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There are two effective methods for gold nugget shooting on bedrock.
1) Use of a very high frequency (VHF) metal detector(s)
2) Scouring bedrock locations that are hard to reach.
Choice number 2 is the most effective for over all production of all coarse gold. It is not that the previous place miners "missed" lots of nuggets. It is more a common fact that we humans are lazy by nature and will want to stop when the going gets tough. After all there are easier spots to dig than under stream banks and deep pockets. And yet, this is where the bulk of all the new coarse nuggets will be found with the exception of gold in waterfalls.
My personal favorite is working stream or river banks that have been under cut by the flow of water (past or present).
Production seems to be higher if the bank has dirt on it with plant growth on top (especially peat type soil). Typically what I have found in these spots is a decent soil layer up to twelve inches deep, followed by medium coarse gravel to a maximum rock size of 2 - 3 inches across, finally followed by a very coarse rock layer with some fair sized boulders mixed in. Since we are digging down to reach a bedrock bottom, you will see the various levels of the streams life as the water changed course over thousands of years. Actually this is where false bedrock came from.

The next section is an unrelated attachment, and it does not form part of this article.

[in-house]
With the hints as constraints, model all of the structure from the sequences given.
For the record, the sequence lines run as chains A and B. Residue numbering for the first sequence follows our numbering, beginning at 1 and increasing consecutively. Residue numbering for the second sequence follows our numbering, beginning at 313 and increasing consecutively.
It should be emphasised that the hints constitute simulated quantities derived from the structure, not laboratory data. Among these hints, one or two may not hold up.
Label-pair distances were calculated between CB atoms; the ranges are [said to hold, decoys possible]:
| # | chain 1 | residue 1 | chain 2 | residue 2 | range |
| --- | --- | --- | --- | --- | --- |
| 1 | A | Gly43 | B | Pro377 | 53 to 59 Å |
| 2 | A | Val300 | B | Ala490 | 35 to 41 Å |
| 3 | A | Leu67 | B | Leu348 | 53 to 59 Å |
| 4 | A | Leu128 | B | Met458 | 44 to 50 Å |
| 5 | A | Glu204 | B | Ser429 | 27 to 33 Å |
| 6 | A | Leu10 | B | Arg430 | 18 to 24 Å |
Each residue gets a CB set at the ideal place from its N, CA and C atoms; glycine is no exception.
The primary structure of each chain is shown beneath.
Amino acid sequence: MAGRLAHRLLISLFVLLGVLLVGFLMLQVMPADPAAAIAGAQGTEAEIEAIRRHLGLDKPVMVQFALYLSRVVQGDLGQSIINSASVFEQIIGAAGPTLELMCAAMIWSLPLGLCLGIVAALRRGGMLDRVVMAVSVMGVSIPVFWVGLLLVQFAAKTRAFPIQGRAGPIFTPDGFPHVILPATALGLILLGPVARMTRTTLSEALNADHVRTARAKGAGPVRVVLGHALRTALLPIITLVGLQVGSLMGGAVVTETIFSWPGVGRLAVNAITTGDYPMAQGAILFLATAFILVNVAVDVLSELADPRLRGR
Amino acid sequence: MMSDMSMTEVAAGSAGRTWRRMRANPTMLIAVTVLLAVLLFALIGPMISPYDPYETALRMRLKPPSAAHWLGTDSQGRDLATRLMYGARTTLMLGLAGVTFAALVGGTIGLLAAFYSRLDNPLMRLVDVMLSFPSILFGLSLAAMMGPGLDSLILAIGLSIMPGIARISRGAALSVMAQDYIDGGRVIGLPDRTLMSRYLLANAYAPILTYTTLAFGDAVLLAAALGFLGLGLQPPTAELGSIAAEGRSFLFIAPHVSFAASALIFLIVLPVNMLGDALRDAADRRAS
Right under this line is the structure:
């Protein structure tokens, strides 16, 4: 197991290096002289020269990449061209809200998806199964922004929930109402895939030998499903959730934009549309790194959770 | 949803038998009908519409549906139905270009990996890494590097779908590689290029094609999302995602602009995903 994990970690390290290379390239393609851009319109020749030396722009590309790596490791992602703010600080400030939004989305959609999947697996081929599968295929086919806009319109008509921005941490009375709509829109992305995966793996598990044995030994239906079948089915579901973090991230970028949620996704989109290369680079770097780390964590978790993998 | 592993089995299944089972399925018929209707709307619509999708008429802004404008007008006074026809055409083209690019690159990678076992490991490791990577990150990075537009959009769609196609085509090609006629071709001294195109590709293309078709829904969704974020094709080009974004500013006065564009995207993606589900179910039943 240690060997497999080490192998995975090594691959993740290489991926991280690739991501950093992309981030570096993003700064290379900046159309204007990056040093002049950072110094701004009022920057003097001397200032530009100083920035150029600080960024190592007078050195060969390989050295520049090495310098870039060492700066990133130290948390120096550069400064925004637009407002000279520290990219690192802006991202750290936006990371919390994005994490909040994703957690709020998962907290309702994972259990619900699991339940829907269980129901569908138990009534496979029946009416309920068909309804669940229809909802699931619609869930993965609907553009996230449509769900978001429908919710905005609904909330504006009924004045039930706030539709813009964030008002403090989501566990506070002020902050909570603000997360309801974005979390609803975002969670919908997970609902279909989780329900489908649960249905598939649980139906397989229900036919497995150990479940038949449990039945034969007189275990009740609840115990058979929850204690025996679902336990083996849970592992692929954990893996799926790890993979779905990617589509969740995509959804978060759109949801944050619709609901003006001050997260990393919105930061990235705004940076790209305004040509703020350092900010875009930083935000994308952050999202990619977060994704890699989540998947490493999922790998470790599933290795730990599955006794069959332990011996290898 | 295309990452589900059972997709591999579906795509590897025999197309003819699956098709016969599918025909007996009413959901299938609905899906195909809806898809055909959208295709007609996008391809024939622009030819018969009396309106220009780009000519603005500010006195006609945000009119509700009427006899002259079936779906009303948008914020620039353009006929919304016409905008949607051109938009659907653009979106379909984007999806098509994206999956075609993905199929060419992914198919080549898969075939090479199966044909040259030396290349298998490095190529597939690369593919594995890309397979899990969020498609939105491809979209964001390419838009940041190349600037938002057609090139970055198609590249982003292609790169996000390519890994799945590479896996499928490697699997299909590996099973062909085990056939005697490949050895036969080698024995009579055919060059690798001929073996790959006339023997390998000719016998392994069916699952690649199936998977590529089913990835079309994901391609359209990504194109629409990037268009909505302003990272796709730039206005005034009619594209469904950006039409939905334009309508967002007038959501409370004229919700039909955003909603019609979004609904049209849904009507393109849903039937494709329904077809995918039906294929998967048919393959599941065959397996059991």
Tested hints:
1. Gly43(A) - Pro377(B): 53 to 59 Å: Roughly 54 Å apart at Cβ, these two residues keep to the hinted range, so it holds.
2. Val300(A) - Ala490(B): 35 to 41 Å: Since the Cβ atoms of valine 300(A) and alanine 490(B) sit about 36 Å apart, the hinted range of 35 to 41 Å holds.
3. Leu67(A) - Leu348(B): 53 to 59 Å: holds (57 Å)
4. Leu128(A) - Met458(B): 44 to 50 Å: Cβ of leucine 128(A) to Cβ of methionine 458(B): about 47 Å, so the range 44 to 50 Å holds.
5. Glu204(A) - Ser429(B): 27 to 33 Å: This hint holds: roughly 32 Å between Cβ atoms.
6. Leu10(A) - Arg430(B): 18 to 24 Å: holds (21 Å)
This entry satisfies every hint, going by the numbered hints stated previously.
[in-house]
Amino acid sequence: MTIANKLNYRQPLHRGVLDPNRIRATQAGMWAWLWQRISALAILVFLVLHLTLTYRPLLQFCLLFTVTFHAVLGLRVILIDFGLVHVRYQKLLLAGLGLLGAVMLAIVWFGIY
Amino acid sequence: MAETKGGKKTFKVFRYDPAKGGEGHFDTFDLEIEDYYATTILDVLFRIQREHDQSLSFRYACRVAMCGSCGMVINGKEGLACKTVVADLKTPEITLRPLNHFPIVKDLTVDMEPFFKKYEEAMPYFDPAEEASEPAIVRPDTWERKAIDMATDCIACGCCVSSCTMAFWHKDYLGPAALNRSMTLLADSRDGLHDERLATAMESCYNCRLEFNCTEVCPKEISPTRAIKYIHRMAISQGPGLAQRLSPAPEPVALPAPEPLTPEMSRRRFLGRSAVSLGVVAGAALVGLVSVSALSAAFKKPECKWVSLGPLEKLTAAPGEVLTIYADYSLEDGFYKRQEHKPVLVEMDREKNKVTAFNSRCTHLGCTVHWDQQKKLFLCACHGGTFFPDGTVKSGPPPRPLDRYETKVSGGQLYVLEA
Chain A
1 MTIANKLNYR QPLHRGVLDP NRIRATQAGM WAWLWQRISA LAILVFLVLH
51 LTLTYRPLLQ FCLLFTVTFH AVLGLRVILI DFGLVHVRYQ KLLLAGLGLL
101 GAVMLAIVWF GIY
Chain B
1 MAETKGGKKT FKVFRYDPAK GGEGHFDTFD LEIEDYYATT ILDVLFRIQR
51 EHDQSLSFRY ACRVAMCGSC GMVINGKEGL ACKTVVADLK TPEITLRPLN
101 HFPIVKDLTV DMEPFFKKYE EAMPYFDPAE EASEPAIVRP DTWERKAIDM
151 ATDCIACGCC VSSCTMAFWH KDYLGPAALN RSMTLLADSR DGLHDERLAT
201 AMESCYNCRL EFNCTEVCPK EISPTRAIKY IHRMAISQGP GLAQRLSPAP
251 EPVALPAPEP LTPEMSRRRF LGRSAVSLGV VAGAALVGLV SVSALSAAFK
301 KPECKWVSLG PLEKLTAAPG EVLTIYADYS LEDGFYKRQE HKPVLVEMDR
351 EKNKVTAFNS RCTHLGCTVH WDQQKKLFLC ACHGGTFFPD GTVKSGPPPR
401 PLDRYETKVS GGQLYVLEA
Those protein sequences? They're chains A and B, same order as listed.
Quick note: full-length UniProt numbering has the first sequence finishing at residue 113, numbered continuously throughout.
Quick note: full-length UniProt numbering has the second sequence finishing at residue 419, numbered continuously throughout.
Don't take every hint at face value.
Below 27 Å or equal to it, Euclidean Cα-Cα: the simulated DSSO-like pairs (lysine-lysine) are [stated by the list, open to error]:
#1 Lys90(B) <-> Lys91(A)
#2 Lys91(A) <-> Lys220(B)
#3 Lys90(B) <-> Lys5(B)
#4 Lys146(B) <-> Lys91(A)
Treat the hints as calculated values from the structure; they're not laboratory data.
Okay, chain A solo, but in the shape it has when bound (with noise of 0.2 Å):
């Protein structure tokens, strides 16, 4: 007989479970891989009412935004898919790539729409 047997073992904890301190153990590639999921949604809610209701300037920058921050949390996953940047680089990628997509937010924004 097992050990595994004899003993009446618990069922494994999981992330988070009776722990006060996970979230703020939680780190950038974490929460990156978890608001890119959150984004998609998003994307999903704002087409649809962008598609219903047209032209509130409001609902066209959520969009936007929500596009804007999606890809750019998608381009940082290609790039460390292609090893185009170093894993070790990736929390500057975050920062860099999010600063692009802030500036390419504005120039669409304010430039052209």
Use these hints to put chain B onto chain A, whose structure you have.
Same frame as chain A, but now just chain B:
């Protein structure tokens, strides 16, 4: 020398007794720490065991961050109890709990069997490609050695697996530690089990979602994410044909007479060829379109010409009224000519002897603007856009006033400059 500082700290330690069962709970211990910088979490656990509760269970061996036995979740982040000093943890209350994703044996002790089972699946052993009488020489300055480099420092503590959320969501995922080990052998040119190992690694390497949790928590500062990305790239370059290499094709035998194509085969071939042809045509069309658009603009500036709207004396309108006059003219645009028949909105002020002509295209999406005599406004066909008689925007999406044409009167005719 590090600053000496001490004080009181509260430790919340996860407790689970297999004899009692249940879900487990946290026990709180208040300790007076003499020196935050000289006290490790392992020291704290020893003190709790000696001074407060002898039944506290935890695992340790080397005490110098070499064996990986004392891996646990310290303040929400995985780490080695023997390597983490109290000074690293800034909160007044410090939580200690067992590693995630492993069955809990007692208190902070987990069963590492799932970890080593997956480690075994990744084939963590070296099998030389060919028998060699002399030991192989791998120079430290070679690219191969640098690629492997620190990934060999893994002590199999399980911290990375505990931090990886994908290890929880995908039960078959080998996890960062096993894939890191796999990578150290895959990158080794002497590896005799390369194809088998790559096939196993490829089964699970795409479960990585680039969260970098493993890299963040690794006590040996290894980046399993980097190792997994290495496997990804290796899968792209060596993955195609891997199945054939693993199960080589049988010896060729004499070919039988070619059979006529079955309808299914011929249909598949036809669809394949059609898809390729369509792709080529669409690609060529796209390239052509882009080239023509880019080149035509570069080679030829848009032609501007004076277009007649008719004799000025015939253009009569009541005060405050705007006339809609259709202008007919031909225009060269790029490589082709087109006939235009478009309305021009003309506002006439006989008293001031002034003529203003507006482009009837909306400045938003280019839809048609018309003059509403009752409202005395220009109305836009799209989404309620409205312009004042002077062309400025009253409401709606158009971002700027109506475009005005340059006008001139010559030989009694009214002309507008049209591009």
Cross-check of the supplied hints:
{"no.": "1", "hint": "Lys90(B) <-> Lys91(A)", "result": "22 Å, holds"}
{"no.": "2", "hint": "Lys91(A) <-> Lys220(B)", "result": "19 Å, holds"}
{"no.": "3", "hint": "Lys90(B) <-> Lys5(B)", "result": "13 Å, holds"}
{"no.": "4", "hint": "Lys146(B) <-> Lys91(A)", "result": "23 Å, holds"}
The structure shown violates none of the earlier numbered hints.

False bedrock is a cemented clay layer that was laid down during one of the streams directional changes in it's past. You can get flake gold from the top of these clay shelves, but rarely nuggets as they pass right through. You will notice a LOT of black sand between the rocks when you are digging the lower bottom layer of heavy gravel. The rocks have acted as riffles early in the stream's life, coupled with a high water flow rate, leaving this mineralized blanket trapped in the rocky layer. Panning this section will yield a fair bit of fine and flake color but the real treasure is at the bottom.
I clear a fair sized area when going deep to avoid any surprise cave-ins, meaning the sides fall back into your "dig". Use the black sand layer as a guide to indicate when you are getting close to hitting bedrock. This heavy sand layer varies from 2 feet to 6" inches above most bedrock bottoms.
As you start to punch through this black section, you will get tired quickly. The weight of each shovelful is immense so take rests as you go. When you finally hear a metal clank you are at bedrock. For maximum yield of coarse gold you must take your time from this point on. It will mean a dramatic difference in total gold recovered on this bedrock layer. Seek out cracks and depressions as you dig. It will be slow going as you travel sideways because of all the over burden you have to move to reach more bedrock areas. This is how drifting came into practice. When "old timers" used to dig shafts sideways using timbers to support the roof up. I don't recommend this approach as one mistake and you have dug your own grave.
Ideally you will spend weeks working an area, digging along bedrock, pulling nuggets from their hiding places and amassing quite a few thousand dollars in gold.
Vacuum nuggets off bedrock with the Magnum Gold Hornet.
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